CARING FOR YOUR WOOD FURNITURE
Just as trees in the forest are not the same, each individual piece of furniture has markings that will differ from catalog and showroom samples.
Mineral streaks, grain variations, knots, small pits, and other marks of nature are normally found in fine woods and are not considered defects. Variations cannot be controlled or corrected and will even occur among pieces within a set.
On some items we intentionally dent, discolor and scratch the wood to create an aged appearance. Techniques used include physically marking the surface with a blunt instrument, marking with darker stain and splattering with stain. An aged appearance is sometimes achieved by rubbing pumice or a similar medium into wood pores. The number and nature of distress marks are a matter of design by the manufacturer and cannot be changed, nor is it an option that can be deleted.
It is important to properly close the doors and not allow them to hang open. Long periods of varying humidity can also produce warping. High humidity causes expansion; low humidity causes contraction. The client is responsible to keep doors closed when not in use, as well as to keep a reasonably stable level of humidity in the home to avoid warping problems.
Leveling and Settling
Over time, the foundation of your home settles and floors can become uneven. This can cause furniture to sit unevenly, or cause uneven doors on armoires. If your furniture does not have a built-in leveling device, a shim or two will help to level a piece when needed.
Most wood pieces absorb stain differently. Batches of stains and paints can vary slightly over time. Hand applied stains, paints and glazes can vary slightly. Finishes change as they age. Because of these issues, we can not guarantee a 100% perfect stain match from item to item in a new order. Minor variations will always be present, regardless of cost.
Normal Changes Over Time
Wood finishes will change in appearance as they are used. Items with low sheen finishes tend to develop an increased sheen over time. Slight variations in appearance and the fit of joints and seams will result from the normal expansion and contraction of wood as it responds to climatic changes in the home. Many wood species darken or redden with age. White painted finishes tend to yellow with age. These changes in tone, fit, finish, and texture are normal signs of aging and are not covered by any warranty.
Reclaimed lumber is collected from old structures and used in making new pieces of furniture. Each board will vary in surface texture and color shading. There may be natural splits and cracks visible. Holes where nails, bolts or hinges were applied may be open and may exhibit signs of rust around them. Large holes may be “plugged” with a wood insert. All of these features add to the unique individual character of the furniture and are not considered defects.
The majority of our offerings are left in their natural state and have a light application of wax to offer some surface protection. A few of these pieces have either a simple stain applied or we have opted to paint them and then strip the paint offering a unique aged appearance.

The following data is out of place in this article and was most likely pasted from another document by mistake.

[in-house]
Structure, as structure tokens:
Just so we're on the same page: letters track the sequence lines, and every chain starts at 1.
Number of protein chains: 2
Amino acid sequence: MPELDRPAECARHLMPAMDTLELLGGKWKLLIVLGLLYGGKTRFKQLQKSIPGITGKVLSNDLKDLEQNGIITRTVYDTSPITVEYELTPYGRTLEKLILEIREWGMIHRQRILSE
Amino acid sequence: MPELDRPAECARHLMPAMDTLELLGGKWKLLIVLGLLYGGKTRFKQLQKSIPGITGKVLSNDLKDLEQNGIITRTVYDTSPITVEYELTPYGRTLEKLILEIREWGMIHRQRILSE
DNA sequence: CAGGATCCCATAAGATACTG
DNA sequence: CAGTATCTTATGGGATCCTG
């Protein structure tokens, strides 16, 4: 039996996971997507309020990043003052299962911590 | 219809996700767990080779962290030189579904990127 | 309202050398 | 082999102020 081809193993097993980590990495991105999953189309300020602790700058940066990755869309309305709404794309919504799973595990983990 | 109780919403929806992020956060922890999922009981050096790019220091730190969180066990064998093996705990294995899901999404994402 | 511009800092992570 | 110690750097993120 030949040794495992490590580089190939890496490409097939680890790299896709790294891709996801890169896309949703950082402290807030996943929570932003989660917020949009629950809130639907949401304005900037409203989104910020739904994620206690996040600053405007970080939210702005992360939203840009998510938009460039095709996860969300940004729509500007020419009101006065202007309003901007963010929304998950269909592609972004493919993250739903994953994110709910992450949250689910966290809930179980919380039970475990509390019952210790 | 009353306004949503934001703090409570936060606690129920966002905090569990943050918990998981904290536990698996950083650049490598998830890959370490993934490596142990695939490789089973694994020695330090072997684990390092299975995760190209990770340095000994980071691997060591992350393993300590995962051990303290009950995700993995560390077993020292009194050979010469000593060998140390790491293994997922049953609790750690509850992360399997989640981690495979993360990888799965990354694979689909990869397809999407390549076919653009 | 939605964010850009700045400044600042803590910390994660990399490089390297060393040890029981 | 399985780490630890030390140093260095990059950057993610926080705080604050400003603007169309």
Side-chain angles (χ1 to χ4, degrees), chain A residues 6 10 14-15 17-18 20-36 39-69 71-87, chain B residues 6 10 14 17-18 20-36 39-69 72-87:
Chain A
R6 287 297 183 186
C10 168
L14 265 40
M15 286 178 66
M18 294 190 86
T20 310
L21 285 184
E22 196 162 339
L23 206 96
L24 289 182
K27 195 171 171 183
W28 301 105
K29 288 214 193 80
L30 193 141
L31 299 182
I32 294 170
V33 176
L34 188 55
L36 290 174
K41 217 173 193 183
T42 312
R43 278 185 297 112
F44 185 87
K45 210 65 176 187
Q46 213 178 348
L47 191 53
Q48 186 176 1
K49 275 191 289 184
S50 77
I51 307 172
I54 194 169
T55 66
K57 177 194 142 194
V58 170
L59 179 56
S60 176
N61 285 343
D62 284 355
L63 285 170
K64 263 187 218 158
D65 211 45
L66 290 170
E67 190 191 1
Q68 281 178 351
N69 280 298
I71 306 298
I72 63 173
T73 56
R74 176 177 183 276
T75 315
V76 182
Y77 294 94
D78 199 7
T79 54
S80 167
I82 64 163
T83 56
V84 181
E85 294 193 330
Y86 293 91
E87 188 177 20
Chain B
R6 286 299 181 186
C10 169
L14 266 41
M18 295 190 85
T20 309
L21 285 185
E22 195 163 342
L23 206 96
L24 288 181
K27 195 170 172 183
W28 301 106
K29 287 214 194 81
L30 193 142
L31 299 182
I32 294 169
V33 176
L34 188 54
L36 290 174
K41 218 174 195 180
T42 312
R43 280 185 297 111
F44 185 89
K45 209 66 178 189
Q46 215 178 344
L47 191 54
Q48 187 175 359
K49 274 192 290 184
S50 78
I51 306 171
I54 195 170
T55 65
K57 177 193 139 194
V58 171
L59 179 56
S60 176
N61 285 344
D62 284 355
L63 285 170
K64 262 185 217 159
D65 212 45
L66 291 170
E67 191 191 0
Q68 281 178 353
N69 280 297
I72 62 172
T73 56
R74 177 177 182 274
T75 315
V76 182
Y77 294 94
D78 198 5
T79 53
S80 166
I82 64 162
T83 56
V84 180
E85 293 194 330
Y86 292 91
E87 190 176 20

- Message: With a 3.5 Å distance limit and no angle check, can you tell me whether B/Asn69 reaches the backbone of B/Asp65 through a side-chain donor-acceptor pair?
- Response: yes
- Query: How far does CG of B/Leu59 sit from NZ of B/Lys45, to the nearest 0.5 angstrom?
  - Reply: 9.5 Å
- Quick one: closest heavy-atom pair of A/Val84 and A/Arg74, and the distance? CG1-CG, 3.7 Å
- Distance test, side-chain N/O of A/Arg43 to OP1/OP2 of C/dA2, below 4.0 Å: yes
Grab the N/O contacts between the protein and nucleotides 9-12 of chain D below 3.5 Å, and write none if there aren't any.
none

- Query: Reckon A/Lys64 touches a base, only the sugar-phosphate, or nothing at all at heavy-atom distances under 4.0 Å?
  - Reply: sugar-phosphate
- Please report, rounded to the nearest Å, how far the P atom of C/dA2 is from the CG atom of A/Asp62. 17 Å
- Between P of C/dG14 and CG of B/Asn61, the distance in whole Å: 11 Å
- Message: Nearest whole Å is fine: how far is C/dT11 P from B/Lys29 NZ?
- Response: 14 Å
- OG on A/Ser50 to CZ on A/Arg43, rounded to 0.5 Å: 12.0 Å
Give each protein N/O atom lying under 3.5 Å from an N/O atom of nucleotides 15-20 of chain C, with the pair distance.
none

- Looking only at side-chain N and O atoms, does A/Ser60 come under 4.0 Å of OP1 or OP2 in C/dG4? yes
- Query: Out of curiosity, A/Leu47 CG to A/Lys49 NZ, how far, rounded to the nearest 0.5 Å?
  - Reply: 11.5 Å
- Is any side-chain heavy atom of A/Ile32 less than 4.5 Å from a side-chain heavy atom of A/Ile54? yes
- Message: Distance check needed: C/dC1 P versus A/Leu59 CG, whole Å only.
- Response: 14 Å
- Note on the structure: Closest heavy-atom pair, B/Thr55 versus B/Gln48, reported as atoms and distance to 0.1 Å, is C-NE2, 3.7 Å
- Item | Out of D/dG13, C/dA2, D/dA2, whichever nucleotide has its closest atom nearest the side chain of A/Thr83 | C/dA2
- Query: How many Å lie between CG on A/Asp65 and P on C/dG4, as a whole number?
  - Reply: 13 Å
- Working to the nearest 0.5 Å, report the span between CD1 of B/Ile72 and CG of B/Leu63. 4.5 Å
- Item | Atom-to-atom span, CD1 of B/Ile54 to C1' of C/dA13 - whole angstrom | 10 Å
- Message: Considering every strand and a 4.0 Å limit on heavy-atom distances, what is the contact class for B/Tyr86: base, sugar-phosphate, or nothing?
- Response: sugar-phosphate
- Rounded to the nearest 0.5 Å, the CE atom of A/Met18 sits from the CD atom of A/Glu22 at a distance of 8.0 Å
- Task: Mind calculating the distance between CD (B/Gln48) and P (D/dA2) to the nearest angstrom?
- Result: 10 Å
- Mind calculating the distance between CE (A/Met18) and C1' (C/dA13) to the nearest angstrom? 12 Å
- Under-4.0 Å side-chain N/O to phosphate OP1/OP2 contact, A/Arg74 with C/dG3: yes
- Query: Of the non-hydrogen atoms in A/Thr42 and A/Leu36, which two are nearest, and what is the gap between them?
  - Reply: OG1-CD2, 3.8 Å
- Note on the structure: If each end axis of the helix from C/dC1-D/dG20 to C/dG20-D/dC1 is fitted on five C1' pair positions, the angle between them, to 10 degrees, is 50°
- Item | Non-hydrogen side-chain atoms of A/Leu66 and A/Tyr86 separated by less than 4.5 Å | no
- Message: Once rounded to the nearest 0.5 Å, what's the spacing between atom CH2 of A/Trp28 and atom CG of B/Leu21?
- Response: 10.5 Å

If, for example, red wine is spilled on a reclaimed table top, it must be cleaned immediately to avoid staining. Using a clean dry cloth and blotting, not rubbing, the spill will usually work.
Solid wood furniture is susceptible to changes in humidity. It contracts in a dry environment and expands in a moist environment, creating season cracks, minor warping, and inconsistencies in alignment of doors, drawers, and table tops. These are normal changes that should not be cause for alarm. These changes do not affect the structural integrity of the piece and cannot be corrected. Maintaining proper humidity during winter months is recommended.
White Washed Finishes
White washed finishes will enhance knots and grain variations naturally found in the wood.
Avoid Extreme Temperatures
Extreme heat from radiators or heat ducts can cause warping or splitting as well as buckling or delaminating of veneers.
Dust lightly using a soft terry cloth with the grain of the wood. To remove minor stains or caked on dirt, wipe with a soft damp cloth. Oily stains can be removed using a cloth damp with a mixture of warm water and Murphy's soap. Dry the piece thoroughly with a clean, soft cloth. To avoid scratching, you should blot, rather than wipe spills.
Apply adhesive felt glides to lamps and similar objects before placing them on tables. When serving hot food, always use place mats under the plates and hot pads under the serving containers. Do not set synthetics, rubber or plastics on the wood finish as they might contain chemicals that will damage the finish. Do not leave newspapers or magazines on wood as the ink can bleed onto the finish and into the wood.
Do not use silicone waxes, lemon oil, or other oily polishes. They can attract dust and grit, causing scratches in the finish. We recommend Furniture Cream for standard lacquered wood finishes once a year or less.